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Court Slaps Down Climate-Bomb Arctic Drilling Project

No, ConocoPhillips, you may not unleash a global climate bomb by drilling in the Western Arctic tundra. That’s the message the oil giant has received from a federal district court judge in Alaska. With the August 18 ruling in favor of Earthjustice and our clients, the company has met a major roadblock to its Willow Project, a plan to explore for oil and gas across 1.2 million acres of the Western Arctic. Now the pressure is mounting for the Biden administration to end its support of this destructive project.

The Willow Project poses threats to the Western Arctic—and far beyond.

  • The project called for refreezing the Arctic permafrost, which is melting due to climate change, in order to stabilize the ground for fossil fuel drilling.
  • ConocoPhillips would have built 37 miles of new gravel roads, seven bridges, an airstrip, and a gravel mine on public lands.
  • The project’s construction and daily operation would have devastated local wildlife, like polar bears, migratory birds, and caribou. It also would have jeopardized the health and traditional practices of nearby Alaska Natives.
  • Over its lifetime, Willow would have accelerated the climate crisis by releasing enough greenhouse gas emissions to equal that of 66 coal-fired power plants.

This victory underscores that the law is a powerful tool for stopping climate-wrecking projects.

  • The court sided with Earthjustice that the agency relied on unsupported greenhouse gas emissions estimates and ignored the project’s global climate impacts.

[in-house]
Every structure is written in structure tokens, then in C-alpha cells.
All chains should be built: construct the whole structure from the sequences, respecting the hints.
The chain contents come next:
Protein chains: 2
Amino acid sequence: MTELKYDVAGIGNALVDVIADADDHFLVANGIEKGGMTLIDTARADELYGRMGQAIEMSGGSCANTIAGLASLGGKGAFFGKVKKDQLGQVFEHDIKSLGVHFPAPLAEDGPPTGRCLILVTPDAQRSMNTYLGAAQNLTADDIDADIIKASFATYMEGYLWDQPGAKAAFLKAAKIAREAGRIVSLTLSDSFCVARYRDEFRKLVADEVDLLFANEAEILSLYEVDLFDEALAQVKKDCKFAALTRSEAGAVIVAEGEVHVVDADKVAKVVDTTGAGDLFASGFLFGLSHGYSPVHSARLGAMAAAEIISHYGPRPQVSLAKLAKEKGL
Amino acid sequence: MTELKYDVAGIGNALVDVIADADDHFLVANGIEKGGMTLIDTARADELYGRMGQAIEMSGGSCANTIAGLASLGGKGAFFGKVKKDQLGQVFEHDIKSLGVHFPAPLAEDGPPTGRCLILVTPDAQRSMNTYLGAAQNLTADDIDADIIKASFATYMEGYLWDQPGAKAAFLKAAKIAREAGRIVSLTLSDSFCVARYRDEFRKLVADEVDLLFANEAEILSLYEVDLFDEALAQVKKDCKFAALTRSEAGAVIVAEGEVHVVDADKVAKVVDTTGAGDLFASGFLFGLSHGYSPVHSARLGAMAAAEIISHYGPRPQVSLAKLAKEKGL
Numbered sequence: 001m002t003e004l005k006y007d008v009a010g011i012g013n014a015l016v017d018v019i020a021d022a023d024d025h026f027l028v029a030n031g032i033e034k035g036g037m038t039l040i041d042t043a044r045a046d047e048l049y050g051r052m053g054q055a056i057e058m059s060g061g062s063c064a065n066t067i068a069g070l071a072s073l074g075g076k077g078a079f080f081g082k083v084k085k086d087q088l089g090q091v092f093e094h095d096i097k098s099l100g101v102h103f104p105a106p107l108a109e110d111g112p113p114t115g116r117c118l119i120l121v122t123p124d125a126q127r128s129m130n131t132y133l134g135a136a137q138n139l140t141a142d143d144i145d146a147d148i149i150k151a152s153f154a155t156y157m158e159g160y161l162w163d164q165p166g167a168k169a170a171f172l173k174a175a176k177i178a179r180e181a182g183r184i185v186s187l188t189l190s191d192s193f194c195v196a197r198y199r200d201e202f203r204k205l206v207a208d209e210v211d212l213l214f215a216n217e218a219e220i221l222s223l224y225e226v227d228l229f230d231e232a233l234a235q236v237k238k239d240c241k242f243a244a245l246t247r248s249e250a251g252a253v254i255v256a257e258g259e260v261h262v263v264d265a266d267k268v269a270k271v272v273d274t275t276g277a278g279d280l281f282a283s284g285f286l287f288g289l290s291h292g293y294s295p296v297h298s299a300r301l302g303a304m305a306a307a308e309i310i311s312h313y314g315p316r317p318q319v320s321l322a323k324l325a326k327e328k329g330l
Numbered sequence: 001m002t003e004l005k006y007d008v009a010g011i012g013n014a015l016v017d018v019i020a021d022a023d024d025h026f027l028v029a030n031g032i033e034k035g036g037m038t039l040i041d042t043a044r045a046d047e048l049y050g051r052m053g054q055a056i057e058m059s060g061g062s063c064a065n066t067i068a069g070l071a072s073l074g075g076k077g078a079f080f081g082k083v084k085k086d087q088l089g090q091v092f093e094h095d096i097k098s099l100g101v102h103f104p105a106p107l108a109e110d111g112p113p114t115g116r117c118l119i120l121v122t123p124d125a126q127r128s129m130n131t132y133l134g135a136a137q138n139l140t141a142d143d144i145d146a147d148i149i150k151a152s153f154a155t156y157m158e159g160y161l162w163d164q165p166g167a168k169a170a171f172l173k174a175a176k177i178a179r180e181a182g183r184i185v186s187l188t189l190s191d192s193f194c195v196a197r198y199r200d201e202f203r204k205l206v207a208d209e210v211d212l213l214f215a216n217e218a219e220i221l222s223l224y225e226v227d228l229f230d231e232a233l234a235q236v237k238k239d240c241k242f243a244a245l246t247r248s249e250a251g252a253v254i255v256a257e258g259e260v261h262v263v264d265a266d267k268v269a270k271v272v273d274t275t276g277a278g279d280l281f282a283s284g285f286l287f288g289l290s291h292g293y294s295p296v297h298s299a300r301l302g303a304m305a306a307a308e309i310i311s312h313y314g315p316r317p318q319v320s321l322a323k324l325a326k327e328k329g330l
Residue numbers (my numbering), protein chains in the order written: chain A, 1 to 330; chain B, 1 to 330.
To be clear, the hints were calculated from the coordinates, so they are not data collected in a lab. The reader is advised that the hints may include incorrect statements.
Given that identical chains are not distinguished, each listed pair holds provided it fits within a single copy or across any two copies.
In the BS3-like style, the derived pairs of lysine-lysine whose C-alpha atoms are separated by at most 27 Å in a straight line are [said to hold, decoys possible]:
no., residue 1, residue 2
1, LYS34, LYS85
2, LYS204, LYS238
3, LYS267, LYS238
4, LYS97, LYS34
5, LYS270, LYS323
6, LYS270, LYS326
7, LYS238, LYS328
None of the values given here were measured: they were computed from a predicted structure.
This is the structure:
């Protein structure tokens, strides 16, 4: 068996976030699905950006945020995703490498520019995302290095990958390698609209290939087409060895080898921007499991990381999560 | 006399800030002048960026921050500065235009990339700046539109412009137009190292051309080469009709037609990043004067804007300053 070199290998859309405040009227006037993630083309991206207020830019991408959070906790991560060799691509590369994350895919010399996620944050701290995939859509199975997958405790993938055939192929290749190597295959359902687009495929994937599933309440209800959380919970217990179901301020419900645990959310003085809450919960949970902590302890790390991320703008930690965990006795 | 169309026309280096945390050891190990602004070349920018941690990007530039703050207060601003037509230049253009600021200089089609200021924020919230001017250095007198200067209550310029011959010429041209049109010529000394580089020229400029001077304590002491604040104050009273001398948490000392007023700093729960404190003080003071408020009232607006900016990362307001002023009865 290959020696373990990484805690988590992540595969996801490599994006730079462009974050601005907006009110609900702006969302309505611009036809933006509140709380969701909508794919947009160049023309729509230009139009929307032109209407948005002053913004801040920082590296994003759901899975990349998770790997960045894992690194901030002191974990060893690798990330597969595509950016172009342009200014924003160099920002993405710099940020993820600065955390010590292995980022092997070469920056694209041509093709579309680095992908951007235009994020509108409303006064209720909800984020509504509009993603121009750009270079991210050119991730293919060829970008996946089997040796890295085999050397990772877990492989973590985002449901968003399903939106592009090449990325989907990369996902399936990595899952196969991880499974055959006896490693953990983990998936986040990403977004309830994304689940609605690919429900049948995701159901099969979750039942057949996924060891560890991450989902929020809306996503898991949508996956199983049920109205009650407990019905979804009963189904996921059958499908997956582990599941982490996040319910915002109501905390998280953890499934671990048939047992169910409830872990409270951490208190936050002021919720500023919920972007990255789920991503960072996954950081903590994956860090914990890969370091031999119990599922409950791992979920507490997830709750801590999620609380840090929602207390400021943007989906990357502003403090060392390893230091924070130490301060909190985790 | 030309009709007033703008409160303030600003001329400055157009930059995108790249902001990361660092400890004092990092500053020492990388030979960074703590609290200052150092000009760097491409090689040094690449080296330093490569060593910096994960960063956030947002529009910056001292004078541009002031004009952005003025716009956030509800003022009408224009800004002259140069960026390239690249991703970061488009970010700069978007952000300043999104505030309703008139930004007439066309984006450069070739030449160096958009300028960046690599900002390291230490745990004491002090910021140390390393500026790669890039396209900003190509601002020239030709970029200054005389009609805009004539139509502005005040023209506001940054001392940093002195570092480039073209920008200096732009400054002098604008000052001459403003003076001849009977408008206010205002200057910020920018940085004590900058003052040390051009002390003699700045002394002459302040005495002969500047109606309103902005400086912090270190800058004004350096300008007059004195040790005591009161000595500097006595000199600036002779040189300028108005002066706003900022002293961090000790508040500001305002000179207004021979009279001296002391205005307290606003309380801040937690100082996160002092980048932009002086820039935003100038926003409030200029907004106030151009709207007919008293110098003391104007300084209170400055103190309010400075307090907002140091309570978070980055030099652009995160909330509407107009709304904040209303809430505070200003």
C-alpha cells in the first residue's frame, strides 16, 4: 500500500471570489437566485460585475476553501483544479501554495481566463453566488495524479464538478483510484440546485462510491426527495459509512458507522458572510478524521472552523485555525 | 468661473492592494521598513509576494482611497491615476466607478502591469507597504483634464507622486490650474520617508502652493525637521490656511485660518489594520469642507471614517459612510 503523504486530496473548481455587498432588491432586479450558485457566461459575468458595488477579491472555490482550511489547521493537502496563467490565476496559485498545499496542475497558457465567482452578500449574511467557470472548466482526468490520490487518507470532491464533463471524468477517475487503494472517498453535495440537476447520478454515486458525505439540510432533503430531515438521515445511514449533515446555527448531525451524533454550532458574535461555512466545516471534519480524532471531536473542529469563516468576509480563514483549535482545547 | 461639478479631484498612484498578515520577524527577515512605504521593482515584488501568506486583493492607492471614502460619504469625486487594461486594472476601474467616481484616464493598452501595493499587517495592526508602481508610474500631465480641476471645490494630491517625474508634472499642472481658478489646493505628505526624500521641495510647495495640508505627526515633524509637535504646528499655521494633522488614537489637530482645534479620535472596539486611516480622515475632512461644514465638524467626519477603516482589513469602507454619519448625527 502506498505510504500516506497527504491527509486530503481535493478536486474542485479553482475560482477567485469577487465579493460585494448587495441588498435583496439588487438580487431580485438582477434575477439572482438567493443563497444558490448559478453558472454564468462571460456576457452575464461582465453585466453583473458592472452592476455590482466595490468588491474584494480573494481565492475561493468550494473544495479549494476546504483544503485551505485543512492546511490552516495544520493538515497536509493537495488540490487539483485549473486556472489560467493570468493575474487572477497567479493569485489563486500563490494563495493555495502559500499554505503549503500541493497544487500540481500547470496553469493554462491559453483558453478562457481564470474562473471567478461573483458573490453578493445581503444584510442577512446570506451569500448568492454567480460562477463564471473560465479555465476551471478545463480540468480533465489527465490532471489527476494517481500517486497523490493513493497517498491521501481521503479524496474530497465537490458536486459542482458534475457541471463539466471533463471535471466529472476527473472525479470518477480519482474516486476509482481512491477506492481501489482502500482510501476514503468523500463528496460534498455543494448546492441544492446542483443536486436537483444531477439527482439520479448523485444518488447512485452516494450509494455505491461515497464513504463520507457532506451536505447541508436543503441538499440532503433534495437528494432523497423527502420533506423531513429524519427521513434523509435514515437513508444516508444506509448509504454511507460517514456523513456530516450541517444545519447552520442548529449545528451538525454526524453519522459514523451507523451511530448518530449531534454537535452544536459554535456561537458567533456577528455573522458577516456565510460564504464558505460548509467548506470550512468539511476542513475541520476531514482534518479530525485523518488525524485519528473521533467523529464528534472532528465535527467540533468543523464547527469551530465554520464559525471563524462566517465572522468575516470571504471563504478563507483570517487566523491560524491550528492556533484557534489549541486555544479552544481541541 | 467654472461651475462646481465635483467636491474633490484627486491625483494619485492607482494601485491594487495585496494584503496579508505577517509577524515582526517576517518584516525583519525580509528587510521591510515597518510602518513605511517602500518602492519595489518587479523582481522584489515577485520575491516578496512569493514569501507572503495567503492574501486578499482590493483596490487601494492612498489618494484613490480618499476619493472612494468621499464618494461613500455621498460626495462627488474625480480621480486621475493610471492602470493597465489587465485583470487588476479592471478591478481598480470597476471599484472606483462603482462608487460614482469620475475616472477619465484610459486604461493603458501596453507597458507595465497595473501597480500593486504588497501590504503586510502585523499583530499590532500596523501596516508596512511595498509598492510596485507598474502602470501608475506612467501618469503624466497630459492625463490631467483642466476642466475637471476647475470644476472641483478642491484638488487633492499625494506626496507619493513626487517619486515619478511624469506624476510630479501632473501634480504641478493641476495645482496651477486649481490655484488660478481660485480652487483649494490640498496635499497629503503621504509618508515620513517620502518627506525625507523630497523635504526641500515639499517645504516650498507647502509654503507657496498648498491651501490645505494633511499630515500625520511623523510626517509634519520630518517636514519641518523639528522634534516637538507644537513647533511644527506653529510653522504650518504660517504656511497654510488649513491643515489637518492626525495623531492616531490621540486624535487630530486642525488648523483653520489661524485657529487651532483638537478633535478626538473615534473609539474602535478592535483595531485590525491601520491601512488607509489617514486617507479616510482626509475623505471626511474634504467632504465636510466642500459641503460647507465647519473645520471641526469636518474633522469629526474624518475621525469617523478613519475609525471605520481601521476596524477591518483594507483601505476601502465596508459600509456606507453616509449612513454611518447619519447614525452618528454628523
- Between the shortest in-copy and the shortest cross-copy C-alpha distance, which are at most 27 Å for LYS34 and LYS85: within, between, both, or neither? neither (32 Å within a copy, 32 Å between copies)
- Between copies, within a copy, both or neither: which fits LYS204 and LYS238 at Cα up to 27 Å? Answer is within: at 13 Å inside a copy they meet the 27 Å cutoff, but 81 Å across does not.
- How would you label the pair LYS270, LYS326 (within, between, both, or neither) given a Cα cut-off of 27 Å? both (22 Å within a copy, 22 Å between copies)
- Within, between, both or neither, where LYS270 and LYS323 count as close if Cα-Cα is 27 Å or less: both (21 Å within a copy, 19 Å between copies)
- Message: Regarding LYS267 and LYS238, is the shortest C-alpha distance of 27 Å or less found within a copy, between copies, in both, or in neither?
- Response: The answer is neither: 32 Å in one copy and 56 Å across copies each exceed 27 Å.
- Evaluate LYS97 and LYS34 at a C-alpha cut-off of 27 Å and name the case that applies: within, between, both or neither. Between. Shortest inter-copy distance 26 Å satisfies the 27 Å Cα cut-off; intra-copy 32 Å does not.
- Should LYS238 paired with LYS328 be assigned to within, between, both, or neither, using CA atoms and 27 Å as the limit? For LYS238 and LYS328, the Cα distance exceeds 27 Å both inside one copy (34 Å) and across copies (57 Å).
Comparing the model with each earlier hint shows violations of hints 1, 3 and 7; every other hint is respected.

• It also found that the government glossed over the project’s full harm to endangered polar bears, in violation of the Endangered Species Act, one of the nation’s bedrock environmental laws.
  • Across the country, Earthjustice is using the power of the law to stop the extraction and burning of harmful fossil fuels.

The Biden administration can’t uphold its stated climate goals and keep defending the Willow Project.

  • Despite a major legal setback this spring when a court halted the project and sharply critiqued the government’s analysis, Biden’s Department of Justice bafflingly continued the Trump administration’s defense of this climate threat.
  • Though the Biden administration has promised historic progress on fighting climate change, its support of Trump-era fossil fuel projects like Willow severely undermines U.S. climate goals.

What happens next?

  • The Interior Department must now go back and conduct a thorough environmental assessment before making a new decision.
Caribou and migratory birds in the Western Arctic around the Teshekpuk Lake area.

Caribou and migratory birds in the Western Arctic around the Teshekpuk Lake area.